Wednesday, May 28, 2014

Writer Group Groupie

By Deborah Sharp 
Author of the Mace Bauer Mysteries

On my long and winding road to becoming a novelist, I test-drove a lot of writing groups. Some were too fast; some were too slow. Some chug-chugged along until they -- or I -- ran out of gas. I spent less time choosing a husband than I did trying to find the perfect group of fellow writers.

Was it just me, or do all writers have a hard time finding a critique group that fits? The formula should be fairly straight-forward. Get together a handful of folks with similar sensibilities and comparable writing skills. Mix well; share what you write; and hope for mutual improvement.

I did finally find a great group. But I landed in plenty of ditches before I arrived there. I remember one night early on, trying to concentrate as a fellow aspiring writer read aloud the chapter she'd labored over. In a heavy Russian accent, she droned on and on about life in the former Soviet Union. There wasn't much food. There was a lot of snow. A LOT of snow. The more she mentioned the white stuff, the more I focused on frigid air blowing on my neck from the AC ceiling vent.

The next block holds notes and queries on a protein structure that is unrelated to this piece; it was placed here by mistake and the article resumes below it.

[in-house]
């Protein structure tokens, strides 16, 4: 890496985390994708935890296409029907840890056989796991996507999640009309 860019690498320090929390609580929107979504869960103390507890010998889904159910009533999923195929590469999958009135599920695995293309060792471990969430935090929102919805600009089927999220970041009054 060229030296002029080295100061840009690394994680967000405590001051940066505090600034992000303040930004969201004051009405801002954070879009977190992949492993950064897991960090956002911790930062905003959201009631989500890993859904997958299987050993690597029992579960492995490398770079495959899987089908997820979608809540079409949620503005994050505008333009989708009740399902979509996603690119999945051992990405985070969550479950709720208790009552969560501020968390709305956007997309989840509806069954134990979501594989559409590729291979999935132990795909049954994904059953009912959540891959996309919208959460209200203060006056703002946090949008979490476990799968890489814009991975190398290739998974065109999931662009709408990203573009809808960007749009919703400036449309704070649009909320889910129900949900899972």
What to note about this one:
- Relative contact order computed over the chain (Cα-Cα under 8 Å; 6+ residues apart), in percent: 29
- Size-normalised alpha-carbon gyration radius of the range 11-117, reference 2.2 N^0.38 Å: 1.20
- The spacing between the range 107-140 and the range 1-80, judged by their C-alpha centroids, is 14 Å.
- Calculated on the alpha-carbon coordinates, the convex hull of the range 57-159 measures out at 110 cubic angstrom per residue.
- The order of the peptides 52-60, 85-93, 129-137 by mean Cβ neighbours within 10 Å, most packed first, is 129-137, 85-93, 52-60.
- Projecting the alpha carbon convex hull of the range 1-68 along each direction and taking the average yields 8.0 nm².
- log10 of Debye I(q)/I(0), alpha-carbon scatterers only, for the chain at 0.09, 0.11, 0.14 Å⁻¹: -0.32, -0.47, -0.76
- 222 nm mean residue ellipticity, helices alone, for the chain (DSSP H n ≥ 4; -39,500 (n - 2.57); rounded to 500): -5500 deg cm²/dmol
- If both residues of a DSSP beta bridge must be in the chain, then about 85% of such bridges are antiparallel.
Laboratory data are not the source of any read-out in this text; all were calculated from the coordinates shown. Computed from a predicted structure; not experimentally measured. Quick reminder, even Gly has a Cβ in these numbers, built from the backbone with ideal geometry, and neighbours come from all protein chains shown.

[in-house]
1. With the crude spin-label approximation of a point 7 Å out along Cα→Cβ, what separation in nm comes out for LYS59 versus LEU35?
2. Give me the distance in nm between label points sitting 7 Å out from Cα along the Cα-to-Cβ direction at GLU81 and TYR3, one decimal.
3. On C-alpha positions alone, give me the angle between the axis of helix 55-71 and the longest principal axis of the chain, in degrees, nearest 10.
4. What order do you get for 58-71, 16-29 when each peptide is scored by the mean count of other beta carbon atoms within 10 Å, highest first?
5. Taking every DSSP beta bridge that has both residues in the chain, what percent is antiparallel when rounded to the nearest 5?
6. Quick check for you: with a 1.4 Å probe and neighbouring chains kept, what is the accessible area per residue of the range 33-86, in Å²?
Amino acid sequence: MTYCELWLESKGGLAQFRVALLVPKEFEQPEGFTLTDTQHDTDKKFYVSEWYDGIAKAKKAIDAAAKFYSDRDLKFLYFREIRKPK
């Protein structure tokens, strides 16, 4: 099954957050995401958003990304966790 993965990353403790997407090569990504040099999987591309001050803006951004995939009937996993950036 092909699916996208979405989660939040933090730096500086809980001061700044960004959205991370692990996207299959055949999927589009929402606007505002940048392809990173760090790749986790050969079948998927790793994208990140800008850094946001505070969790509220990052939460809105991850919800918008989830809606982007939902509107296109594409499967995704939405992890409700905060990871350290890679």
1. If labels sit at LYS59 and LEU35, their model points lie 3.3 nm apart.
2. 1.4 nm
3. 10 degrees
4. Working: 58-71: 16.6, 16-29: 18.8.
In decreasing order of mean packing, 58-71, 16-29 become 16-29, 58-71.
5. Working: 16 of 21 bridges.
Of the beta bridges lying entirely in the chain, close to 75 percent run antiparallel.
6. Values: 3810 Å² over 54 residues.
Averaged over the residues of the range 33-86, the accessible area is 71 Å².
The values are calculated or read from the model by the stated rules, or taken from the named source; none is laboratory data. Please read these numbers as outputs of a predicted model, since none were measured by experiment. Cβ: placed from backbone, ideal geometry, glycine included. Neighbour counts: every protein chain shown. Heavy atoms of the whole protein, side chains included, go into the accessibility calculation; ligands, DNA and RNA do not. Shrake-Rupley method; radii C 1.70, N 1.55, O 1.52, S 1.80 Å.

I huddled lower in my seat. My God, it's freezing in here! It's gotta be 65 degrees.

I stared at my hands. My fingers are turning blue! No, wait. I think that's an ink stain. 

I looked across the room. There's an empty chair by the window. I wonder if that side is any warmer? 

My obsession with the thermostat didn't bode well for the reader, or for my participation in the group. I tried several others. Like Goldilocks, I found one group too hard; another too soft. Some were too big; others too small. One was stalled at the talking-about-writing stage. It was less a critique group and more a support group for wannabes.

Me: Hi, my name is Deborah. I'm addicted to the notion I'm going to be a great writer, even though I haven't written anything to read today. 

Group: Hi, Deborah!

The group I finally clicked with was led by a talented and insightful author,who guided the rest of us toward helpful critiquing and better writing. (Thanks, Joyce Sweeney!) We wrote in many genres -- mystery to young adult, poetry to humor -- but we had several things in common. Most of us already grasped the basics, so we didn't get bogged down on sentence structure, grammar, and the like. We all were eager to write, happy to read, and thoughtful when it came time to critique. Nobody pulled punches, but nobody played gotcha either.

Have you ever belonged to a critique group? What do you think makes a good one?






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